Since the beginning of the pandemic, twelve elections and one constitutional plebiscite have been postponed in Latin America in order to preserve both the health of citizens and guaranteeing the processes. The region has not been the only one to postpone electoral activity: according to data provided by the International Institute for Democracy and Electoral Assistance (IDEA), more than 70 countries and sub-national jurisdictions have decided to postpone electoral events of all kinds.
The July 5 elections in the Dominican Republic, scheduled to begin on May 17, were the first to be held in a time of health crisis and marked the beginning of a cycle in which leaders and parties will compete for power in an unknown context until now. The next election is in Bolivia, where presidential and legislative elections will be held on October 18. In the following months Chile, Ecuador, Honduras and Peru will elect a new president. There will also be parliamentary and local elections in Mexico, Argentina and El Salvador. And there is still uncertainty as to whether Nicaragua and Venezuela will hold their respective announced elections.
Even before the pandemic, most of the scheduled elections were to be held in adverse environments. Corruption scandals, economic stagnation and social discontent had taken hold in many Latin American countries, weakening elites and parties. Now, to all this, we must add the consequences of the Covid-19. Experts agree that the virus will continue to increase social inequalities, poverty rates and aggravate some of the region’s endemic problems.
In the coming months, elections will be an escape valve for political systems under great stress
Experts agree that the virus will continue to increase social inequalities, poverty rates and aggravate some of the region’s endemic problems. In the coming months, elections will be an escape valve for political systems under great stress and pressure due to the health and economic crisis. However, the exceptional situation in which they will be held requires generating sufficient guarantees so that voting conditions do not jeopardize the transparency and integrity of the results.
There are three main challenges for the upcoming elections. First, to have the necessary resources so that the holding of electoral events does not put public health at risk. Second, think about introducing special voting mechanisms that do not harm the quality of the process and can serve as an eventual solution to contain the health risks that can result from holding an election. And third, to adapt the programmatic offers of leaders and parties to the current scenario. This is not the time for irresponsible, populist or authoritarian speeches. There is too much at stake.
The questions regarding the conditions under which elections should be held have been addressed by different bodies and institutions. Aware of the difficulty of organizing elections in times of pandemic, agencies such as the General Secretariat of the Organization of American States (OAS), IDEA or the Global Electoral Justice Network have developed elements to take into account when deciding whether to hold elections or to postpone them, and have proposed measures to strengthen the capacities of electoral bodies. Specifically, the recommendations have been directed at protecting election officials, guaranteeing the right of citizens to exercise a secure vote, and providing the conditions necessary for political parties to participate in conditions of fairness and transparency.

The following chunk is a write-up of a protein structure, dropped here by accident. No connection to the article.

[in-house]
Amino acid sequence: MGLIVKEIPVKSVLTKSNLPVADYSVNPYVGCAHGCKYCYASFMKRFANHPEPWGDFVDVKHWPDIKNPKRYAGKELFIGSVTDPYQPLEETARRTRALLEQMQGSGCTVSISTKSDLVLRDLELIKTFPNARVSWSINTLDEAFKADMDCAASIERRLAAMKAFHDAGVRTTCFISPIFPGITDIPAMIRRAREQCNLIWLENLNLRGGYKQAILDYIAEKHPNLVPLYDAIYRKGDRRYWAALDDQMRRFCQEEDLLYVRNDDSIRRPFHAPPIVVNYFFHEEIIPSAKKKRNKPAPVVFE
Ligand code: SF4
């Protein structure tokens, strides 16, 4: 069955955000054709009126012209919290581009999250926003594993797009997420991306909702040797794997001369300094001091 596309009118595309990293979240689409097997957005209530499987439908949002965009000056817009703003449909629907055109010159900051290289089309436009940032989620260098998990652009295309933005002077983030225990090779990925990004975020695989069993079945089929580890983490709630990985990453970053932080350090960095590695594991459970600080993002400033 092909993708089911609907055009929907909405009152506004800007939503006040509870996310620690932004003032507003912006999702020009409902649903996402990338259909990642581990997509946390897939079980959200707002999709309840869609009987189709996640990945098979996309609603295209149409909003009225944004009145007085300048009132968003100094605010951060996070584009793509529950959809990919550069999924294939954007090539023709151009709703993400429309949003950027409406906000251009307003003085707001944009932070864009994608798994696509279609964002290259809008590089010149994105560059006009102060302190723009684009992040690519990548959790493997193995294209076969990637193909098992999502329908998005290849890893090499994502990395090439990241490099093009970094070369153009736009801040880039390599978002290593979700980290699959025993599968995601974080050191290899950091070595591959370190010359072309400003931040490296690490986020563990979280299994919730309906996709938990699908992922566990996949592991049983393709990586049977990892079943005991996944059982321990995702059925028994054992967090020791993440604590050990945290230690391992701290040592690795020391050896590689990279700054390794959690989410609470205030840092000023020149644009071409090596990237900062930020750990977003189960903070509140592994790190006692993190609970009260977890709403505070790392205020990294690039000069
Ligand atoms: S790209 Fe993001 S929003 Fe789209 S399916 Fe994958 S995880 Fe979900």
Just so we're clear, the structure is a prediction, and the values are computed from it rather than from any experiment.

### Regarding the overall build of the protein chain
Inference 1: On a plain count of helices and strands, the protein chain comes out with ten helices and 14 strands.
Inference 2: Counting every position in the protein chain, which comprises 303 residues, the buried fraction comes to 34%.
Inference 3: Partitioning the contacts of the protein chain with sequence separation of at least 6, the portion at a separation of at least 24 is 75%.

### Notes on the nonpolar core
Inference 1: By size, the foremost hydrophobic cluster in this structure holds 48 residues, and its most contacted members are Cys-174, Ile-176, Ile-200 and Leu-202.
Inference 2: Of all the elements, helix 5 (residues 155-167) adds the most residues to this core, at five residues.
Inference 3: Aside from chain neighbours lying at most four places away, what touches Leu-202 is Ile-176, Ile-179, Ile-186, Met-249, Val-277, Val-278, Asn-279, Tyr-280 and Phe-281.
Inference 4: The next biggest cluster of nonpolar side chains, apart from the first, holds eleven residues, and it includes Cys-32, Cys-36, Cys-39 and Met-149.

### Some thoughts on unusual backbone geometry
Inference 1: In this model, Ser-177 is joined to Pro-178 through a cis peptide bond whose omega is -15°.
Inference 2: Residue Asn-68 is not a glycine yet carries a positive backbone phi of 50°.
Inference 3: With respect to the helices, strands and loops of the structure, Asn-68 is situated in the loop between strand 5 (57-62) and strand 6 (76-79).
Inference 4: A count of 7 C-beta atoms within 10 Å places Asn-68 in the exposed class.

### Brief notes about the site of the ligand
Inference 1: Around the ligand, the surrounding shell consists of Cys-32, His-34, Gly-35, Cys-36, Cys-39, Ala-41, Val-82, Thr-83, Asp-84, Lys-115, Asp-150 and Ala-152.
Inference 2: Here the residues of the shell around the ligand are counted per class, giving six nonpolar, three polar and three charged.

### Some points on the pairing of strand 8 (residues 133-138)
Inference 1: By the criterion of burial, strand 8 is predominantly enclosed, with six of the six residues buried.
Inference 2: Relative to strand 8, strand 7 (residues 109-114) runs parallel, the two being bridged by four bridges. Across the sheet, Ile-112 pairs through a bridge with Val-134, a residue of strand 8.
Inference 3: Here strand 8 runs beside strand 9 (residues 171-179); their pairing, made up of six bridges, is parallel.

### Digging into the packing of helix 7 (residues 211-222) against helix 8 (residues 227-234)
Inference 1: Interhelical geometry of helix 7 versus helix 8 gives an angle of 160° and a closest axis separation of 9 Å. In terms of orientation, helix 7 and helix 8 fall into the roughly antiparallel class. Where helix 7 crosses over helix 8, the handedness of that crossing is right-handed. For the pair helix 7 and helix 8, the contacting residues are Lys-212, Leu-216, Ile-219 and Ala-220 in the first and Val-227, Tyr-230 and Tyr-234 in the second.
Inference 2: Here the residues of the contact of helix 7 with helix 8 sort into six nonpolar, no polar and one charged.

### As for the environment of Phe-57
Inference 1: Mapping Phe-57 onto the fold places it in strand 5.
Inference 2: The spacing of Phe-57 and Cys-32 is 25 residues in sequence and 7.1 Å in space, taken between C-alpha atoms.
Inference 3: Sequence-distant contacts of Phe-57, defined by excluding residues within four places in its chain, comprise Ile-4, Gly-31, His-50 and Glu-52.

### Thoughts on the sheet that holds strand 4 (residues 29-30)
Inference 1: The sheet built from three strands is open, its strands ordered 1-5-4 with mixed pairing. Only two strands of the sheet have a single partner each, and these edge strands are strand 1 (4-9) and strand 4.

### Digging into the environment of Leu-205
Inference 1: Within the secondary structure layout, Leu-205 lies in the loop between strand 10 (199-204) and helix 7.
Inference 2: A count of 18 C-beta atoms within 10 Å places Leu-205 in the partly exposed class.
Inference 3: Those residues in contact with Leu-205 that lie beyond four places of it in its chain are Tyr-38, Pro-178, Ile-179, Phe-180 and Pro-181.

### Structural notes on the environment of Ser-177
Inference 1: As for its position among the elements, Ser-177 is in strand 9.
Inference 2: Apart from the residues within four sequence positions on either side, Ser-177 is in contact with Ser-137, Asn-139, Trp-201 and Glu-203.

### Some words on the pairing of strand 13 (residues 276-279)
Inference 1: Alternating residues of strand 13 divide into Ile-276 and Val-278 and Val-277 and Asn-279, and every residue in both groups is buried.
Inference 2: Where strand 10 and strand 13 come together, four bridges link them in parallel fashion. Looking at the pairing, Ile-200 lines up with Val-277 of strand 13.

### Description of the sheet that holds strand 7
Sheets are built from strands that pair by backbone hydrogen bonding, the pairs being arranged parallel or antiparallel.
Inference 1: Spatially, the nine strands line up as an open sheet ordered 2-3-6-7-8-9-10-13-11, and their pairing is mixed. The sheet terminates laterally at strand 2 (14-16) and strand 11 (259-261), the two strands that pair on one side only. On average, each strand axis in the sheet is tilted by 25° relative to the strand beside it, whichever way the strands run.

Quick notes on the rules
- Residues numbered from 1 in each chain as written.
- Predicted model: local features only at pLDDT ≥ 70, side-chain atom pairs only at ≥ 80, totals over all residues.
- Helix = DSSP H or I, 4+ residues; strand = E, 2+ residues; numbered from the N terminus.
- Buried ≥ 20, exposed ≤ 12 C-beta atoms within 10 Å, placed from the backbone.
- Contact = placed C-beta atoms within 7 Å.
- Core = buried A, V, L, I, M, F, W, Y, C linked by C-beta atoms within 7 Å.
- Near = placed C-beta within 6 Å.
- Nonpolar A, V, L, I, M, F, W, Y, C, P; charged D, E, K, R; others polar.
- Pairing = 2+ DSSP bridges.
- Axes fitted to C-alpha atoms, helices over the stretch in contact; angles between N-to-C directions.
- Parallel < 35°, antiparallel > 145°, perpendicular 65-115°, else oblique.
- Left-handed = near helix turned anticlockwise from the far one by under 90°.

the elections in the coming months will be a democratic experiment in which there are many decisions to be made
However, despite the existence of proposals, the outlook is uncertain and the elections in the coming months will be a democratic experiment in which there are many decisions to be made. In order to find a balance between health and the right to vote in times of pandemic, it is necessary to reformulate electoral campaigns to replace mass events with digital strategies, to think about extending telematic voting while ensuring that the guarantees of the electoral process are preserved, to study the economic and institutional viability of implementing alternative voting strategies, and to seek solutions so that all people can exercise their right to vote, especially those affected by the digital divide.
With respect to leadership and programmatic offerings, the extreme circumstances to which both economies and political systems are currently subjected are an ideal breeding ground for the rise or consolidation of messianic leaders. The pandemic has only exacerbated the problems of the region and has increased both the fragmentation and polarization of political systems. This puts at risk the governance of States and favors the emergence of populist leaders promising solutions to existing problems. However, populist rhetoric is not functional in contexts such as the current one, where coordination, moderation and political dialogue are necessary.
How will the next elections unfold, will the electoral administrations be able to adapt satisfactorily to the health reality, how will the political actors react to the new electoral scenario, what political dynamics will prevail in the political cycle that opens with the new electoral period?
Too many uncertainties that will be revealed in the coming months. In the face of them, the certainty that today more than ever it is important to promote responsible and transparent democratic processes that allow to revitalize a democracy that already showed evident signs of fatigue before the pandemic. The combination of elections with guarantees and responsible leadership is, for the moment, the first step in the recovery of democracies affected by another disease: that of discontent and crisis.
*Translation from Spanish by Emmanuel Guerisoli
Photo by Castelló Notícies in Foter.com / CC BY-NC-SA